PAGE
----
More than 1.5 million Americans filed new unemployment claims last week. About 760,526 filed for Pandemic Unemployment Assistance. It was the eleventh straight week that at least 1 million Americans filed new claims. While last week’s claims were the lowest since March, they still were far higher than pre-pandemic levels. As of June 6, about 20.5 million Americans were receiving unemployment benefits. Meanwhile, a new Morning Consult poll finds that three in four voters support keeping or expanding the weekly $600 jobless benefit enacted under the CARES Act but set to expire in July.
It's Infrastructure Week, again. Speaker Nancy Pelosi says Democrats will pull together several different bills into a single $1.5 trillion plan to fund everything from education and broadband to roads and water. She promises a House vote on the Moving America Forward Act before July 4th. Still no plan on how to pay for the new spending.
Should Tax Day 2020 be moved again… to 2021? More than 20 conservative groups led by the National Taxpayers Union Foundation want Treasury Secretary Steven Mnuchin to extend the current July 15 tax deadlines for filing and payments into next year. They call the current tax payment deadline a “fiscal cliff endangering our economic recovery.”
The TCJA’s Opportunity Zone program isn’t creating the jobs it was supposed to. The Urban Institute has assessed whether the program—enacted under the Tax Cuts and Jobs Act and designed to boost jobs and business growth in undercapitalized communities—is working in practice. In a nutshell: It’s not doing what it set out to do. Write Urban Institute’s Brett Theodos, Jorge Gonzalez, and Brady Meixell, “The incentive’s structure makes it harder to develop projects with community benefit in places with greatest need. In contrast, OZs are providing the biggest benefits to projects with the highest returns, which are rarely aligned with equitable development."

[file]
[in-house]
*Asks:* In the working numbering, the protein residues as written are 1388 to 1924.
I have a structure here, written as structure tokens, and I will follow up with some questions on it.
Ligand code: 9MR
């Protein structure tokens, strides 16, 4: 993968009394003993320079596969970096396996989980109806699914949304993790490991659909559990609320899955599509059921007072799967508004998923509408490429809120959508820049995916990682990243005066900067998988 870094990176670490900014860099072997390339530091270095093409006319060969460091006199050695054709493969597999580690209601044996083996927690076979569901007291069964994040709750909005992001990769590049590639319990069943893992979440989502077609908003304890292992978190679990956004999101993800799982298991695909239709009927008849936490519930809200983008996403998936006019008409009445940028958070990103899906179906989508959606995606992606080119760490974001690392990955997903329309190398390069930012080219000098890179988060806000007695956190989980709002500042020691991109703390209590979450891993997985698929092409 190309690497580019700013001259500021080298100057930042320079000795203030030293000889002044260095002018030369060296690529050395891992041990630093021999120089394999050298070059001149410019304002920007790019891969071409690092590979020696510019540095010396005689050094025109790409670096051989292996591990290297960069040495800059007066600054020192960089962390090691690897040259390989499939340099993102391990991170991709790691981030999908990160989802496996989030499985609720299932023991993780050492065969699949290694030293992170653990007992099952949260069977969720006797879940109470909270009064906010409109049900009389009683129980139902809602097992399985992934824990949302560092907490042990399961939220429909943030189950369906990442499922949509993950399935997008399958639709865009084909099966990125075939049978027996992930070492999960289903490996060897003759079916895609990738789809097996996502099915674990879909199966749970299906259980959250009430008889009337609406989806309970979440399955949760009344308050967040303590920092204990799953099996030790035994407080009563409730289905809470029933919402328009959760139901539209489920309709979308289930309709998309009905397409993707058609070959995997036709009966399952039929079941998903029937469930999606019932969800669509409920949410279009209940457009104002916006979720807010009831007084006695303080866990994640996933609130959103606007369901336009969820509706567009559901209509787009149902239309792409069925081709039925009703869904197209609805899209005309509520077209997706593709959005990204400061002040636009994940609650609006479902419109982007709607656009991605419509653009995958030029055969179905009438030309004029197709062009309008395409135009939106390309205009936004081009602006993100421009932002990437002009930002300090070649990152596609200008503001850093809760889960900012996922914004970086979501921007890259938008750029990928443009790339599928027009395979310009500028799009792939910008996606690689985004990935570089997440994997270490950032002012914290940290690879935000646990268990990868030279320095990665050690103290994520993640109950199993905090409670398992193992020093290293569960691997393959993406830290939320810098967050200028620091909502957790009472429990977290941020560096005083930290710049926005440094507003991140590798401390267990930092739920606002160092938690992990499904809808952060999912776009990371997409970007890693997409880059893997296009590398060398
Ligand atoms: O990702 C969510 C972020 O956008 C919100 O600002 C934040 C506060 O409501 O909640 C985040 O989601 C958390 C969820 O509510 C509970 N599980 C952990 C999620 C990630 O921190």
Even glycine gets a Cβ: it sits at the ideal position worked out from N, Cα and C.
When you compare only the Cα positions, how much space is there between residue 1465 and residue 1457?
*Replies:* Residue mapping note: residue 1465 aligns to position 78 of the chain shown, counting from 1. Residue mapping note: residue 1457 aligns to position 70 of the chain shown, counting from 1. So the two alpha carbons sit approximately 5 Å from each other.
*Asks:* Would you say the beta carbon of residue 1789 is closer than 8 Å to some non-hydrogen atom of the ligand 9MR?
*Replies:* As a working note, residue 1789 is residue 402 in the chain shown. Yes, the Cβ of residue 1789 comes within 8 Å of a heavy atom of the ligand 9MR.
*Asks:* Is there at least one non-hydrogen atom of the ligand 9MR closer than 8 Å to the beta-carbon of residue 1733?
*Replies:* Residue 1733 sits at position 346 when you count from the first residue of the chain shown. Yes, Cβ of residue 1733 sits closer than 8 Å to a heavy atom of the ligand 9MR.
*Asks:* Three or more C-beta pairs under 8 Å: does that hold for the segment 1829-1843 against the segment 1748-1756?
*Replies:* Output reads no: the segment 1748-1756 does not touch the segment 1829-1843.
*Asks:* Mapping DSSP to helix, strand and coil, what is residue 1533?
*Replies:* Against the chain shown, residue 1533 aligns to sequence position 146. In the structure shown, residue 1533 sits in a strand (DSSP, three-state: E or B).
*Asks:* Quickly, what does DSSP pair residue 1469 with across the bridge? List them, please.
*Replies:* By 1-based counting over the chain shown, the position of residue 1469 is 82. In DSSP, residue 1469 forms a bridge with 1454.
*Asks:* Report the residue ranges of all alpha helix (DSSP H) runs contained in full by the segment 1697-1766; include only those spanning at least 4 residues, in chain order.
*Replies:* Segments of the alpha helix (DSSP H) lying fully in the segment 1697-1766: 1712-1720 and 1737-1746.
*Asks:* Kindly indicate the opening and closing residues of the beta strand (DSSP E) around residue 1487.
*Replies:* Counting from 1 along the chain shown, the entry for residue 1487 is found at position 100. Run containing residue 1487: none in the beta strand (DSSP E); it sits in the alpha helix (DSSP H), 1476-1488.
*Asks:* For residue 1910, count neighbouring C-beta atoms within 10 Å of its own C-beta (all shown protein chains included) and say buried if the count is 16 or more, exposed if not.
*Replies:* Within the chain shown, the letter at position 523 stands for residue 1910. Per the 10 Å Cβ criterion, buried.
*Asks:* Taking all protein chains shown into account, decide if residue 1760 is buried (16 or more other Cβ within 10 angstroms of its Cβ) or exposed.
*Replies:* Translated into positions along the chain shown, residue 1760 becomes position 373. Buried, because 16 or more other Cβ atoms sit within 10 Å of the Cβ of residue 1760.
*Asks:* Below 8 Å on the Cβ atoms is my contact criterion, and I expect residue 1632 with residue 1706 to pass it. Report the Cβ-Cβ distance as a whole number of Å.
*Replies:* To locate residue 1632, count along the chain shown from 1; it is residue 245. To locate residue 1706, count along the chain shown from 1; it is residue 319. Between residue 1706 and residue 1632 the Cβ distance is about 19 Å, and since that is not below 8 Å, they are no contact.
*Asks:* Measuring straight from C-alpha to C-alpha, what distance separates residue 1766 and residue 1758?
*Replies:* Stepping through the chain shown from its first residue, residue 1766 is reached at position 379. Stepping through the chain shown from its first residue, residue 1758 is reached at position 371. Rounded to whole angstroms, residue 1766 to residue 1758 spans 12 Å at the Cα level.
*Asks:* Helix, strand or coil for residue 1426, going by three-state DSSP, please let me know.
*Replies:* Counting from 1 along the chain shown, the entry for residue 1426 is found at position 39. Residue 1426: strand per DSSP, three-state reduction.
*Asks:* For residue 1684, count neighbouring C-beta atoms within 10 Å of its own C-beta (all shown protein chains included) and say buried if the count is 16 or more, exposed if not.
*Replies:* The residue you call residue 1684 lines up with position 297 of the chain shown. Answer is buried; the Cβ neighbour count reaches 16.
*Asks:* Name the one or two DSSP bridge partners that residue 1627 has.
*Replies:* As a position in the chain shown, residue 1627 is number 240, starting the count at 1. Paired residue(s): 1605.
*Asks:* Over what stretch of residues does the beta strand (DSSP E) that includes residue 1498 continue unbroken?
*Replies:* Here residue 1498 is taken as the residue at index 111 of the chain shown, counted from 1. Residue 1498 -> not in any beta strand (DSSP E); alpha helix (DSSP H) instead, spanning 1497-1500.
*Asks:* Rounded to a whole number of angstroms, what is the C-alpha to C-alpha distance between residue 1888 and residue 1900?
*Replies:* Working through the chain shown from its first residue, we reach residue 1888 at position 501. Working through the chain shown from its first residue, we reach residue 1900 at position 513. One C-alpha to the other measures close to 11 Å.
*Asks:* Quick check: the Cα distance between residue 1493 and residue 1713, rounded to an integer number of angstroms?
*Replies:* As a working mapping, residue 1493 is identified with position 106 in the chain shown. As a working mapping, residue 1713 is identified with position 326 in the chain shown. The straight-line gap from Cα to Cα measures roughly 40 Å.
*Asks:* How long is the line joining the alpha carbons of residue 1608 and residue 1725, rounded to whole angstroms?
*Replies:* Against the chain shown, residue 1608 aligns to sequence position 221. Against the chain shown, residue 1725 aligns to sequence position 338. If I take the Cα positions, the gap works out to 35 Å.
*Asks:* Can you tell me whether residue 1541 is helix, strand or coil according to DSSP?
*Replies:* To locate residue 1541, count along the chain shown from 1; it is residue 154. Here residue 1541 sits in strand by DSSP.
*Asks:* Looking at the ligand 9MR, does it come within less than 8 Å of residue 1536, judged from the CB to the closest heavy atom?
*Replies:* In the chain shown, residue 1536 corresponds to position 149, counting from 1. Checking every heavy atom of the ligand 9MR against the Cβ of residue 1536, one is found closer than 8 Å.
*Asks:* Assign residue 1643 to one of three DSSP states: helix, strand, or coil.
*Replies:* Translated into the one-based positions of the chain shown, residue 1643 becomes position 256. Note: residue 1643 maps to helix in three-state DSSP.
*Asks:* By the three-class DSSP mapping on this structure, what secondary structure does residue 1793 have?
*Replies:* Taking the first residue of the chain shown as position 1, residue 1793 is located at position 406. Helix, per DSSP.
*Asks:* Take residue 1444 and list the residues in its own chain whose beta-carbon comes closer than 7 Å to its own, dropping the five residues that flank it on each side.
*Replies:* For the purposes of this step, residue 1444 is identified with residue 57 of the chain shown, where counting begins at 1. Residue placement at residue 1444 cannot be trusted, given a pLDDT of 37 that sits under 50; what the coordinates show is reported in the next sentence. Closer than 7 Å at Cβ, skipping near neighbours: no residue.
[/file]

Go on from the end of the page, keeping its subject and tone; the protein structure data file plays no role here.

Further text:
New York State legislators want more taxes on the rich. Ninety-nine Democratic members of the state Assembly and Senate released a statement calling for higher taxes on the wealthy to help New York State recover from the COVID-19 recession and close a multi-year budget gap of more than $60 billion. Say the lawmakers, “We will not allow state budget cuts without raising revenue from those who can most afford to pay more."
In case you missed it: TPC updated its online briefing book. The online resource on state, local and federal taxes helps the public, the press, students, and government staffers follow significant fiscal changes—like legislative responses to the COVID-19 pandemic.
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- © Urban Institute, Brookings Institution, and individual authors, 2020.